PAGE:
Comedian Nathan Fielder created a media stir, and long lines, when he opened a coffee shop called Dumb Starbucks. The establishment was quickly closed down for not having a permit. In the short time that the shop was open, legal commentators everywhere speculated about whether Starbucks would sue for trademark infringement, and if it did, how the case would turn out. The shop looked virtually identical to Starbucks in every way, using the chain’s logos, product names and look and feel. The difference, of course, was the prominent placement of the word “dumb” before each of the trademarks. Another difference reported by the media was that the coffee and hot chocolate were of low quality.
The stunt makes most people wonder what the rules are and what would have happened if Starbucks had filed a lawsuit. The first concept to consider is the classic trademark infringement analysis. A trademark is a word, symbol, picture, phrase or even color scheme that identifies the source of goods or services. Starbucks is the owner of multiple federally registered trademarks, many of which were used by Dumb Starbucks without permission. It is trademark infringement to use a competitor’s trademark without permission in a manner that is likely to cause consumers to be confused as to source, sponsorship or affiliation. Also, when a trademark is famous, uses that dilute the trademark are also actionable.
The alleged infringer must be a competitor for there to be traditional trademark infringement. Thus, it is not infringement when an unhappy customer uses a company’s trademark to openly complain about the company. Had Mr. Fielder created a magazine, website or newsletter called Dumb Starbucks as a forum to express his opinion about Starbucks, it would have been highly unlikely that Starbucks could prove the competitive injury necessary to prevail in a trademark infringement claim. In that case, Starbucks might have a defamation claim if Mr. Fielder had made any false statements of fact about Starbucks in his content. Otherwise, Mr. Fielder would have clearly been protected by the First Amendment.
But Mr. Fielder opened a coffee shop; a directly competing business. And he did it using not only the Starbucks name, but also its logos, product names and color scheme. Starbucks would have had no difficulty proving he was competing with them. What would have been very difficult, if not impossible, to prove would have been a likelihood of confusion. When it is a close call, likelihood of confusion is often proven by a consumer survey. If a substantial number of consumers surveyed believe there is an affiliation or sponsorship, then there is a likelihood of confusion. Here, it really wasn’t a close call and a survey would probably not have yielded favorable results for Starbucks. No one thought that Starbucks had opened a coffee shop called Dumb Starbucks.
The only theory left for Starbucks under existing case law was a dilution claim. Anti-dilution laws only protect famous trademarks. Starbucks is a famous trademark. Anti-dilution statutes protect the value of the trademark from blurring and tarnishment. Blurring is association arising from the similarity between the two trademarks that impair the distinctiveness of the famous mark. In determining whether a trademark is likely to cause dilution by blurring, courts will consider how similar the two trademarks are, how distinct and famous the famous mark is, and whether the new user of the trademark intended to create an association with the famous mark. Dilution by tarnishment is association arising from the similarity between a trademark and a famous mark that harms the reputation of the famous mark.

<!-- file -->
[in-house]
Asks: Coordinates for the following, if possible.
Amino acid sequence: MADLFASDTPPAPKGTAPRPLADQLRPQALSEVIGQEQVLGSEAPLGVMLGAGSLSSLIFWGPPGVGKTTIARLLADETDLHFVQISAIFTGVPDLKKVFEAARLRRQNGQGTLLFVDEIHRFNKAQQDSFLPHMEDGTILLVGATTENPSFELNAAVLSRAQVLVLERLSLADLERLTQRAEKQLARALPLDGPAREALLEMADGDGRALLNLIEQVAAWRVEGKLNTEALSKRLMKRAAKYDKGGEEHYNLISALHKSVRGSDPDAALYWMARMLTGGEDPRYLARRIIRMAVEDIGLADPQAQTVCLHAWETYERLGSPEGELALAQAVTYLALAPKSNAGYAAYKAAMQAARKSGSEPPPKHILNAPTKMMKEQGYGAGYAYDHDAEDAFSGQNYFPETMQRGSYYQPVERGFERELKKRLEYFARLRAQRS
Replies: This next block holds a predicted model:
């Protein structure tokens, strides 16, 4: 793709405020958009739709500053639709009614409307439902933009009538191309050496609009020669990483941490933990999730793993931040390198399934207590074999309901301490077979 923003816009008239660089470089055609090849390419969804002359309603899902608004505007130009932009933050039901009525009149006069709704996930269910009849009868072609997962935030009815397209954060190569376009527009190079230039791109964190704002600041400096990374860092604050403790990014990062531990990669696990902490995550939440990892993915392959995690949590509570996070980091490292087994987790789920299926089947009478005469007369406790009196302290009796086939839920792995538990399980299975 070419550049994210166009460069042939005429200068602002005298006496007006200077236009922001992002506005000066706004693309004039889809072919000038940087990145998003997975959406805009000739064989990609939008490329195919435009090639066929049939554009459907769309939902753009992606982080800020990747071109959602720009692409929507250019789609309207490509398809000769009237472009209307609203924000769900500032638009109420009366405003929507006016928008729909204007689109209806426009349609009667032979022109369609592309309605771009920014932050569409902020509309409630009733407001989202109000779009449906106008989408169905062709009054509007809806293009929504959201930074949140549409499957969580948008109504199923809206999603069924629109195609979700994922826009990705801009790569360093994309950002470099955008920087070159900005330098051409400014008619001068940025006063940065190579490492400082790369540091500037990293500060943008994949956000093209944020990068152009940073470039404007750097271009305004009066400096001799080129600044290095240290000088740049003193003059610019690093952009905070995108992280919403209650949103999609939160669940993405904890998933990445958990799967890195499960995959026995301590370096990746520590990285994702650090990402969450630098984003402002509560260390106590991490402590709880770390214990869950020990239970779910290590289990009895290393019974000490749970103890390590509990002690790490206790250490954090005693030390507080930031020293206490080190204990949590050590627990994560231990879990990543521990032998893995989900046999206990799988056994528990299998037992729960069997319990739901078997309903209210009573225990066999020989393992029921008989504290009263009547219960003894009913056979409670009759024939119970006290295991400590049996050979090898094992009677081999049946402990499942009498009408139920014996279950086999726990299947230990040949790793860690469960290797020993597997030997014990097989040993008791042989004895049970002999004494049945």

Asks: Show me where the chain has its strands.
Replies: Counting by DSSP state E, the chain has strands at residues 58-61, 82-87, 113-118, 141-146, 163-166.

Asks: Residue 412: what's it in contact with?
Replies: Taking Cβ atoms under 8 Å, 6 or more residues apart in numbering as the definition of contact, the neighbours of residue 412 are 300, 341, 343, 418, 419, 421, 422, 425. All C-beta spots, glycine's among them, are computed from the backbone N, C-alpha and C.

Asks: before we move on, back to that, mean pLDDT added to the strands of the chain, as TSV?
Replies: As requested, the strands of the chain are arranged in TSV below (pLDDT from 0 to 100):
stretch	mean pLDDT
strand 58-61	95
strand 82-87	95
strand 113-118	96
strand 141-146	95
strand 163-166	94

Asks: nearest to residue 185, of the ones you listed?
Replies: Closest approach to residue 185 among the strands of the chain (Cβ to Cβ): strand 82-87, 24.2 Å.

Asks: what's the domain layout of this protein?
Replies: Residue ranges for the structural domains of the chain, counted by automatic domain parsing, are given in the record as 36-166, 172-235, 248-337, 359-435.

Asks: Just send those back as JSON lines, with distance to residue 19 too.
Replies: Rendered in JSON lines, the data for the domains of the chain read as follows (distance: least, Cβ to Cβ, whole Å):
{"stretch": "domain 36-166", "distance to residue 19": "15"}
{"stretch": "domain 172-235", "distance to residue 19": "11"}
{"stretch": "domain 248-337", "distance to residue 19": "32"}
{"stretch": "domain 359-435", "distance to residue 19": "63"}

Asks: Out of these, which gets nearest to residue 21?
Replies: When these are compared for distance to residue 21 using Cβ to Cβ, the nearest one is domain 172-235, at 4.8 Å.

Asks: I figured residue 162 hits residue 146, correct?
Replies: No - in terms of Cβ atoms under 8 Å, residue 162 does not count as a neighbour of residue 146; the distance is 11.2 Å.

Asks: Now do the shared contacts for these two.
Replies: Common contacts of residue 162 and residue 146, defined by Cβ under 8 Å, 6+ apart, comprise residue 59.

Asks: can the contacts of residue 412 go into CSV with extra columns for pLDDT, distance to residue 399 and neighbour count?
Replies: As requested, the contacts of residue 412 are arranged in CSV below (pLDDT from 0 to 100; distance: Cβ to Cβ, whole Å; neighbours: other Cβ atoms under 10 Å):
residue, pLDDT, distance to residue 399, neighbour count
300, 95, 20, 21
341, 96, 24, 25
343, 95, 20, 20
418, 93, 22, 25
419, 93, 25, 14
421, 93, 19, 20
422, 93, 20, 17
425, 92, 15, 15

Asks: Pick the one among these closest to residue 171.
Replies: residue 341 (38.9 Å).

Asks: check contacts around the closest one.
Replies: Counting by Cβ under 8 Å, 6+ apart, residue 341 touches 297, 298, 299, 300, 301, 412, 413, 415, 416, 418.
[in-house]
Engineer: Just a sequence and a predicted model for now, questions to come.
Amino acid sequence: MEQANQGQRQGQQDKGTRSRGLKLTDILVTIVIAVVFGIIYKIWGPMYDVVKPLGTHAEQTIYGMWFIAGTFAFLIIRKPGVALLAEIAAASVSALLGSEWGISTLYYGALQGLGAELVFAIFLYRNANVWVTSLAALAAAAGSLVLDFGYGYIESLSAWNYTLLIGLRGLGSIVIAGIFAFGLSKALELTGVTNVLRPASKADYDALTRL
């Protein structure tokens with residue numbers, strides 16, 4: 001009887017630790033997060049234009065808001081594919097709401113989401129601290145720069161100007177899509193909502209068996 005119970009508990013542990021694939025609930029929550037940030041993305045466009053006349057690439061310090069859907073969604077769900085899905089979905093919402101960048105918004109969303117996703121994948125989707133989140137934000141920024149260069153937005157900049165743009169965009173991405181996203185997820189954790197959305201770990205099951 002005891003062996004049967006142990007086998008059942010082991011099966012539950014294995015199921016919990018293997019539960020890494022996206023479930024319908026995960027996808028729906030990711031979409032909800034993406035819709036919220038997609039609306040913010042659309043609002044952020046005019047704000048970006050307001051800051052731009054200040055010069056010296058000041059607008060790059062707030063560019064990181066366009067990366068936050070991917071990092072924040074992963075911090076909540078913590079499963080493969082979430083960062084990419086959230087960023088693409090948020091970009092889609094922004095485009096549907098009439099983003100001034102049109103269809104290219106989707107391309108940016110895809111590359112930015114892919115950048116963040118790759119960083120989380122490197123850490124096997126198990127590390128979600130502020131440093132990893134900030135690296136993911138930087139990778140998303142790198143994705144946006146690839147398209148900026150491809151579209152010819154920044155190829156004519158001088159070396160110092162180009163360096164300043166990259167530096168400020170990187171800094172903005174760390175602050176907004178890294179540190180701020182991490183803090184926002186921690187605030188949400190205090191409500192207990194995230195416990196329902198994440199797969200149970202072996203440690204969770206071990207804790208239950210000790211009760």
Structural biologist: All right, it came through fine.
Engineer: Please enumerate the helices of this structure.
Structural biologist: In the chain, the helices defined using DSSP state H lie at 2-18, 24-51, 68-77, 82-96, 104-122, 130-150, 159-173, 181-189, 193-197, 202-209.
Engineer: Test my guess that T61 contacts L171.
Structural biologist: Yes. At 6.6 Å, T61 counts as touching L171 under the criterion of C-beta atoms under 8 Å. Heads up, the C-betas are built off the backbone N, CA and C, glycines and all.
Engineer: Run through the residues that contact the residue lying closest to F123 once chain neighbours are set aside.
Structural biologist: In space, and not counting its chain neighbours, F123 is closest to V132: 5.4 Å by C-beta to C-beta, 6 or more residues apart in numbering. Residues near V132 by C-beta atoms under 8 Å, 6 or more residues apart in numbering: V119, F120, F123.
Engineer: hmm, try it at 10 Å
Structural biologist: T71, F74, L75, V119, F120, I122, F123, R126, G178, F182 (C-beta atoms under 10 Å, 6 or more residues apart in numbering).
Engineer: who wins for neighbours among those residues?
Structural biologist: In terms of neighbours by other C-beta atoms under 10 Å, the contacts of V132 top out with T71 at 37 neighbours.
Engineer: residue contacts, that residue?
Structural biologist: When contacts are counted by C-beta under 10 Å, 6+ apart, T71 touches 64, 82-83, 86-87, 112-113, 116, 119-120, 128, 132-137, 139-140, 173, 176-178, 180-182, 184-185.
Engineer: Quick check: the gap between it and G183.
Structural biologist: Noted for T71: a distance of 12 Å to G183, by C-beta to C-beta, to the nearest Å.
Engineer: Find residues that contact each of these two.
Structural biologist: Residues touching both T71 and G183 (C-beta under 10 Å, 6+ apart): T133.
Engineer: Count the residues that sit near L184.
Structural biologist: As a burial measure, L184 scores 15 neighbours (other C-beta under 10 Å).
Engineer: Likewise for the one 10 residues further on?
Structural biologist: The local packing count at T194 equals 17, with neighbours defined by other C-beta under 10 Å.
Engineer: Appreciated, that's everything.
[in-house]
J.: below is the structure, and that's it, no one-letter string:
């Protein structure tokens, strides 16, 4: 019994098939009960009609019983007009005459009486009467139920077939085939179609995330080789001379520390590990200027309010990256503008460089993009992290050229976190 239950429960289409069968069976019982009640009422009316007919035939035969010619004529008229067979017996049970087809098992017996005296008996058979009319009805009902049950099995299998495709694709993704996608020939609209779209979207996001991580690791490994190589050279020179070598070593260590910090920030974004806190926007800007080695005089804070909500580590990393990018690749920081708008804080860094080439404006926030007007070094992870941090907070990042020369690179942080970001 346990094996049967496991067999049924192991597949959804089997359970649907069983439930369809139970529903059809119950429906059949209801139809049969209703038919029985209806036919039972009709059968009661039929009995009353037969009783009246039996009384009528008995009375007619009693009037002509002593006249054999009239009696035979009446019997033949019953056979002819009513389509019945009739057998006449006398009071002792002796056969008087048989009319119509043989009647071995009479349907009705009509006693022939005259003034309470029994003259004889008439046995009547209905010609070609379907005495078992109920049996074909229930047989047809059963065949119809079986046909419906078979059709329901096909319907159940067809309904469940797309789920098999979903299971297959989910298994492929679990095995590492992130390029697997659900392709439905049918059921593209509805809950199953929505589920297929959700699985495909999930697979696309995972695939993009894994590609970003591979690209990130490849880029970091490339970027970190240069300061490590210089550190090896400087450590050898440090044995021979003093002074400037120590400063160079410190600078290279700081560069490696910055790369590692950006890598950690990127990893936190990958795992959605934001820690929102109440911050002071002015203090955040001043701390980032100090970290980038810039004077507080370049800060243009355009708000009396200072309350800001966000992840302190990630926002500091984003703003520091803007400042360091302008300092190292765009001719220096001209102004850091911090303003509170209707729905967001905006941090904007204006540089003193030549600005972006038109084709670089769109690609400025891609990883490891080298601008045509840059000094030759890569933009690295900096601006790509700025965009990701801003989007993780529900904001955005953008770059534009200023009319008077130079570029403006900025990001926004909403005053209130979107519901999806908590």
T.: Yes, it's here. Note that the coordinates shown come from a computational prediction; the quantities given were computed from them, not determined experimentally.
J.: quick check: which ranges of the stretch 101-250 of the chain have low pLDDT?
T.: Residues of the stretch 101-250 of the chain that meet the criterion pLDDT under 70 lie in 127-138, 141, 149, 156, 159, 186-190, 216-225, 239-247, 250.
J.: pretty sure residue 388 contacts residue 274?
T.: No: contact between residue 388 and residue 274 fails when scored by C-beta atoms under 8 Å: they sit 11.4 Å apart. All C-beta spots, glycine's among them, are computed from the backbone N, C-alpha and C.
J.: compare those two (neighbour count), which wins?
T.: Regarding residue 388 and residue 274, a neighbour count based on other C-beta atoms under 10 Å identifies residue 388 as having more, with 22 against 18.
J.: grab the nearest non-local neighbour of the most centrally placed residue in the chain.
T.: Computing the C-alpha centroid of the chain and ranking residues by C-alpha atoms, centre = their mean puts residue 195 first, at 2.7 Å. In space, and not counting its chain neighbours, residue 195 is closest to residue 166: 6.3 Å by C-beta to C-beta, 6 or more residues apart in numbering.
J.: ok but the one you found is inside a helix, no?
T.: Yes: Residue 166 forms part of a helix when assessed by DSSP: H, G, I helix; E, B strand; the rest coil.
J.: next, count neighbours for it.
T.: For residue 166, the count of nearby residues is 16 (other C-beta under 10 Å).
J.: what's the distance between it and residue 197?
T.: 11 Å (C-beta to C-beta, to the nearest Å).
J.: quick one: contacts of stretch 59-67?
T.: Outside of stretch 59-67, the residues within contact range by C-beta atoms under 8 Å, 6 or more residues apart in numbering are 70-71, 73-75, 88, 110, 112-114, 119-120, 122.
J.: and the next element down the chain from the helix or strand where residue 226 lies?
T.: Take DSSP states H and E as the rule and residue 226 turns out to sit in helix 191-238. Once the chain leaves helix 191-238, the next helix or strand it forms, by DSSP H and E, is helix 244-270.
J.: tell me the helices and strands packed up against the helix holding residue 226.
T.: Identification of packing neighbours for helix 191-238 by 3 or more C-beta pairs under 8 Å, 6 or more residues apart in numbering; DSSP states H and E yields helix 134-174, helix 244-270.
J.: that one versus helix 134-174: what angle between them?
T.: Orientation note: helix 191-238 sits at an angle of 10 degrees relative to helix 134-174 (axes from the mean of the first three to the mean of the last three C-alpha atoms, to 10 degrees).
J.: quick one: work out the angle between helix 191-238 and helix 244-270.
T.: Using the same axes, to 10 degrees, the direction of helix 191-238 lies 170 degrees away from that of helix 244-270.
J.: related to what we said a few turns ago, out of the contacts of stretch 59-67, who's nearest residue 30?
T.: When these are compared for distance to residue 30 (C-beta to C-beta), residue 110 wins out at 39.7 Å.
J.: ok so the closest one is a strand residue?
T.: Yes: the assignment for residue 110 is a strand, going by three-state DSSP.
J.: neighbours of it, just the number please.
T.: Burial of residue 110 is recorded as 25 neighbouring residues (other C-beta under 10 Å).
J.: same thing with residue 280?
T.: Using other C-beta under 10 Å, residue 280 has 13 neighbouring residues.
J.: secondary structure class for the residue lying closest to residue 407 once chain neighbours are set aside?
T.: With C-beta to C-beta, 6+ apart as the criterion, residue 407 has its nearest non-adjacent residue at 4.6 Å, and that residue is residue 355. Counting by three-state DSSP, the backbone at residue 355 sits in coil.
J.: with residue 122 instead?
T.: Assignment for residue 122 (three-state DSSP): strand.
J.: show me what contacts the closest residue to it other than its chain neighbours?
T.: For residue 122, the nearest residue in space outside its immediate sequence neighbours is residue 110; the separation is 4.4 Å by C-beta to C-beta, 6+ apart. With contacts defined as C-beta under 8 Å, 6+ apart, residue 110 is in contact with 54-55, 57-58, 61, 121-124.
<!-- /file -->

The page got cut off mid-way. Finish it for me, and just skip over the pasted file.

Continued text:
So far, it sounds like Starbucks would have had a pretty good anti-dilution claim against Dumb Starbucks. If you have been following the news story, though, you know that Dumb Starbucks keeps saying “it’s a parody.” Here’s why. The federal statute on dilution has an exclusion that provides that identifying and parodying, criticizing, or commenting upon the famous mark owner or the good or services of the famous mark owner is not actionable as dilution by blurring or tarnishment. Dumb Starbucks seems to have been well-aware of the law in devising this media stunt. At first blush, it is hard to argue that Dumb Starbucks was not a parody of Starbucks. On deeper look though, I haven’t found any cases that apply the parody defense to a direct competitor selling an identical product using a trademark that is comprised of the exact famous trademark. The point of the parody defense is that the activity is protected by free speech. In America, we take our right to make fun of others very seriously. Here, however, if the activity was more about selling coffee than free speech, that might be a chink in the parody armor.
The final consideration that the Dumb Starbucks shop raised was the potential for a change in existing case law. Lawyers like the saying, “bad facts make bad law” because courts tend to want to “do the right thing” and provide a remedy for what seems like a wrong. These facts are the type of facts that might make a judge create new precedent. There is the feeling that it was wrong for Mr. Fielder to use Starbucks’ property and reputation to compete with Starbucks. It would have been interesting to see what the courts would have done with this fact pattern.
About the author: Maria Crimi Speth is an intellectual property attorney at the Phoenix law firm of Jaburg Wilk and sits on the prestigious International Trademark Association-Anticounterfeiting committee. She is the department head of the intellectual property group and has expertise in copyright law, trademark, trade name, Internet law and intellectual property litigation. She can be reached at 602-248-1000 or email@example.com.